Cover: Aristotle to Zoos: A Philosophical Dictionary of Biology, from Harvard University PressCover: Aristotle to Zoos in PAPERBACK

Aristotle to Zoos

A Philosophical Dictionary of Biology

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Product Details

PAPERBACK

$47.00 • £37.95 • €42.50

ISBN 9780674045378

Publication Date: 03/15/1985

Short

320 pages

6 x 9 inches

2 tables, 5 line illustrations

World

In the spirit of Voltaire—and occasionally in the spirit of P. G. Wodehouse—P. B. and J. S. Medawar have crafted for the life sciences a source of reference that is meant for browsing, a book both authoritative and filled with delights. The authors’ breadth of knowledge is encyclopedic— arranged, appropriately enough, from A to Z—but more than that, they illuminate the ideas of biology with wit and intelligence and uncommon good sense. They bridge the chasm in our culture between the technically and the humanistically trained, breaking the code of jargon that limits access to scientific understanding. The Medawars’ special gift is to offer, at the same time, a pleasurable introduction for the layman and a source of new insight for the specialist.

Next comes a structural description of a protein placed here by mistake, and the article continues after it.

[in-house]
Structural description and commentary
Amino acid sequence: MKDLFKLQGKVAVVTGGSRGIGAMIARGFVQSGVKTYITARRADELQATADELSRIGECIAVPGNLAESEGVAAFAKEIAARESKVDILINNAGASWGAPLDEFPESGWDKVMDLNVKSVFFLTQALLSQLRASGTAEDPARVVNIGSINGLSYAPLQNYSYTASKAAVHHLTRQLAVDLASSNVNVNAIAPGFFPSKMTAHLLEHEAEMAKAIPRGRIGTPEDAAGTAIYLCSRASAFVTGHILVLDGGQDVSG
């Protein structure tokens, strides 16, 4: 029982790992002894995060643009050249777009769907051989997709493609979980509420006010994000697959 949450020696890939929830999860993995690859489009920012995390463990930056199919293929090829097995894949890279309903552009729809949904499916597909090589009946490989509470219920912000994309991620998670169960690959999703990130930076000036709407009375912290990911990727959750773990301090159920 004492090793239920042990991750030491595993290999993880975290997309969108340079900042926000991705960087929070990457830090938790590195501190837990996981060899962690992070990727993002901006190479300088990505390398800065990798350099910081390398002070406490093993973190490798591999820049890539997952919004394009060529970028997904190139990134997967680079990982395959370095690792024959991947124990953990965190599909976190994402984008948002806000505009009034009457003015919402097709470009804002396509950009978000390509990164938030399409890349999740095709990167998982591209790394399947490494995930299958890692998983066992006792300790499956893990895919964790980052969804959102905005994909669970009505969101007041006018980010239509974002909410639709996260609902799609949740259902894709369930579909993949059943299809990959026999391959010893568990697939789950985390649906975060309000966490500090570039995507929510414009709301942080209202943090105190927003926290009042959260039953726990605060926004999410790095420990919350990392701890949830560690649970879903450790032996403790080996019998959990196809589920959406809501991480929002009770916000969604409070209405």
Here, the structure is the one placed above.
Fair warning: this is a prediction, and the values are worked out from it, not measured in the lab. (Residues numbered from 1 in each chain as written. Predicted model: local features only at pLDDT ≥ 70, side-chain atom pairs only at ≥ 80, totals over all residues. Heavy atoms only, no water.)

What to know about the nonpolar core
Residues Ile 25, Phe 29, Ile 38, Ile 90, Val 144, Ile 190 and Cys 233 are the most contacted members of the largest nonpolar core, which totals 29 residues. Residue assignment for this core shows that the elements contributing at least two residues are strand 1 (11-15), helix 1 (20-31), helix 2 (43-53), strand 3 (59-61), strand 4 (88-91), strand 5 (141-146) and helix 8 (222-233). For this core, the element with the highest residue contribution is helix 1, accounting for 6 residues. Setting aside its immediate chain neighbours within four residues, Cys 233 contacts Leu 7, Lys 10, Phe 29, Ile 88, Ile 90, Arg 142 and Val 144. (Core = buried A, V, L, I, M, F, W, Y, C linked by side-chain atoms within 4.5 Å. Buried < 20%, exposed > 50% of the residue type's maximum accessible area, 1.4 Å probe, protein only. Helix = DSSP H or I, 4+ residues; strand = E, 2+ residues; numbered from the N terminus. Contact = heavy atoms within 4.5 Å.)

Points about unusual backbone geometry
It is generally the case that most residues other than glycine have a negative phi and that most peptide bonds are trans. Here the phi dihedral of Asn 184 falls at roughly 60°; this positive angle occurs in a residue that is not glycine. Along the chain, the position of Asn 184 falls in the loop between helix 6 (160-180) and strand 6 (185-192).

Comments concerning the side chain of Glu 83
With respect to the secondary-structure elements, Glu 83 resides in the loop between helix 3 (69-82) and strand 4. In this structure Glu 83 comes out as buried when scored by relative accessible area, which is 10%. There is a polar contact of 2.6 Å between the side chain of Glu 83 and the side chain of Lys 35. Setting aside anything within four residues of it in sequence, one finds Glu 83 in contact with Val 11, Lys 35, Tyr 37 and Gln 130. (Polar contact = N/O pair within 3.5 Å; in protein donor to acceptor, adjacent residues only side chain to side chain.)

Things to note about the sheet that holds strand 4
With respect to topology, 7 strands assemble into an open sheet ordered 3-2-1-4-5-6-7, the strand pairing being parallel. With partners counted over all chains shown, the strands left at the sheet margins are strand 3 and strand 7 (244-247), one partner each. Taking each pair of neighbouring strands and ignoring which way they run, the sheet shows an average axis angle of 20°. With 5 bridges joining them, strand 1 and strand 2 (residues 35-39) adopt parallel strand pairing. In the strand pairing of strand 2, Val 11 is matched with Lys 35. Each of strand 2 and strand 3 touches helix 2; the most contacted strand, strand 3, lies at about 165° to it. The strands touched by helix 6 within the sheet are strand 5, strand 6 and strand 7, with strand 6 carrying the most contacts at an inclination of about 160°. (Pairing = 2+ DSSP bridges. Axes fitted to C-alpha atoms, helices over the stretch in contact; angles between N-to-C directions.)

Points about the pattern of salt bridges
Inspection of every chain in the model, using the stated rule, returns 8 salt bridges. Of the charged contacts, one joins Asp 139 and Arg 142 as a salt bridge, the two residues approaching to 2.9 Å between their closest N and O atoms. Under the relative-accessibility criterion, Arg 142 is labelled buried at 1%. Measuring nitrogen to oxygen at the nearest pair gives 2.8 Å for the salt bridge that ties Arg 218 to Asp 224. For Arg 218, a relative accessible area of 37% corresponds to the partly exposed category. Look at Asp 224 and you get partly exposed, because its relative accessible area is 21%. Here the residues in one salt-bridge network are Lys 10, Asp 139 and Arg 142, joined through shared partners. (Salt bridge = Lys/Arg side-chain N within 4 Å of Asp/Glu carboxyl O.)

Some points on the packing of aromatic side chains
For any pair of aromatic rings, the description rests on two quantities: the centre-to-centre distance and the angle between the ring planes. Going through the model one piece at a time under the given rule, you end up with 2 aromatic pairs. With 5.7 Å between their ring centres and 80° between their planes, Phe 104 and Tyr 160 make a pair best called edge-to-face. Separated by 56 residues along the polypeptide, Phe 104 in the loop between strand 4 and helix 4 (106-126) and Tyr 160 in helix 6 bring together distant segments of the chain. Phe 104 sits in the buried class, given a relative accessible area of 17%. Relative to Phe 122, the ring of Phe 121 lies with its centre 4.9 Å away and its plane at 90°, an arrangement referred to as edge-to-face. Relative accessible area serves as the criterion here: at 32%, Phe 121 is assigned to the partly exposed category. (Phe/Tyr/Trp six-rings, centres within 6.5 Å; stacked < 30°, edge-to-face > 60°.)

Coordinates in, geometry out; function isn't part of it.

In this book we can find a clear and meaningful definition of interferon, a useful explanation of the immune system, and thoughtful essays on sociobiology, eugenics, and aging. But we also find: “It is a popular fallacy that chewing gum regains its flavor if removed from the mouth and parked, say, under a chair.”

Whether in a serious discussion of cancer or a whimsical reflection on “chicken and egg” imagery in science, the Medawars’ blend of fact, literary allusion, historical anecdote, mythical and folk tradition, and even professional gossip is a rewarding exercise in biology as a humanistic endeavor.

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Jacket: An Inquiry into Modes of Existence: An Anthropology of the Moderns, by Bruno Latour, translated by Catherine Porter, from Harvard University Press

Honoring Latour

In awarding Bruno Latour the 2021 Kyoto Prize for Arts and Philosophy, the Inamori Foundation said he has “revolutionized the conventional view of science” and “his philosophy re-examines ‘modernity’ based on the dualism of nature and society.” Below is an excerpt from An Inquiry into Modes of Existence: An Anthropology of the Moderns. For more than twenty years, scientific and technological controversies have proliferated in number and scope, eventually reaching the climate itself. Since geologists are beginning to use the term “Anthropocene” to designate the era of Earth’s history that follows the Holocene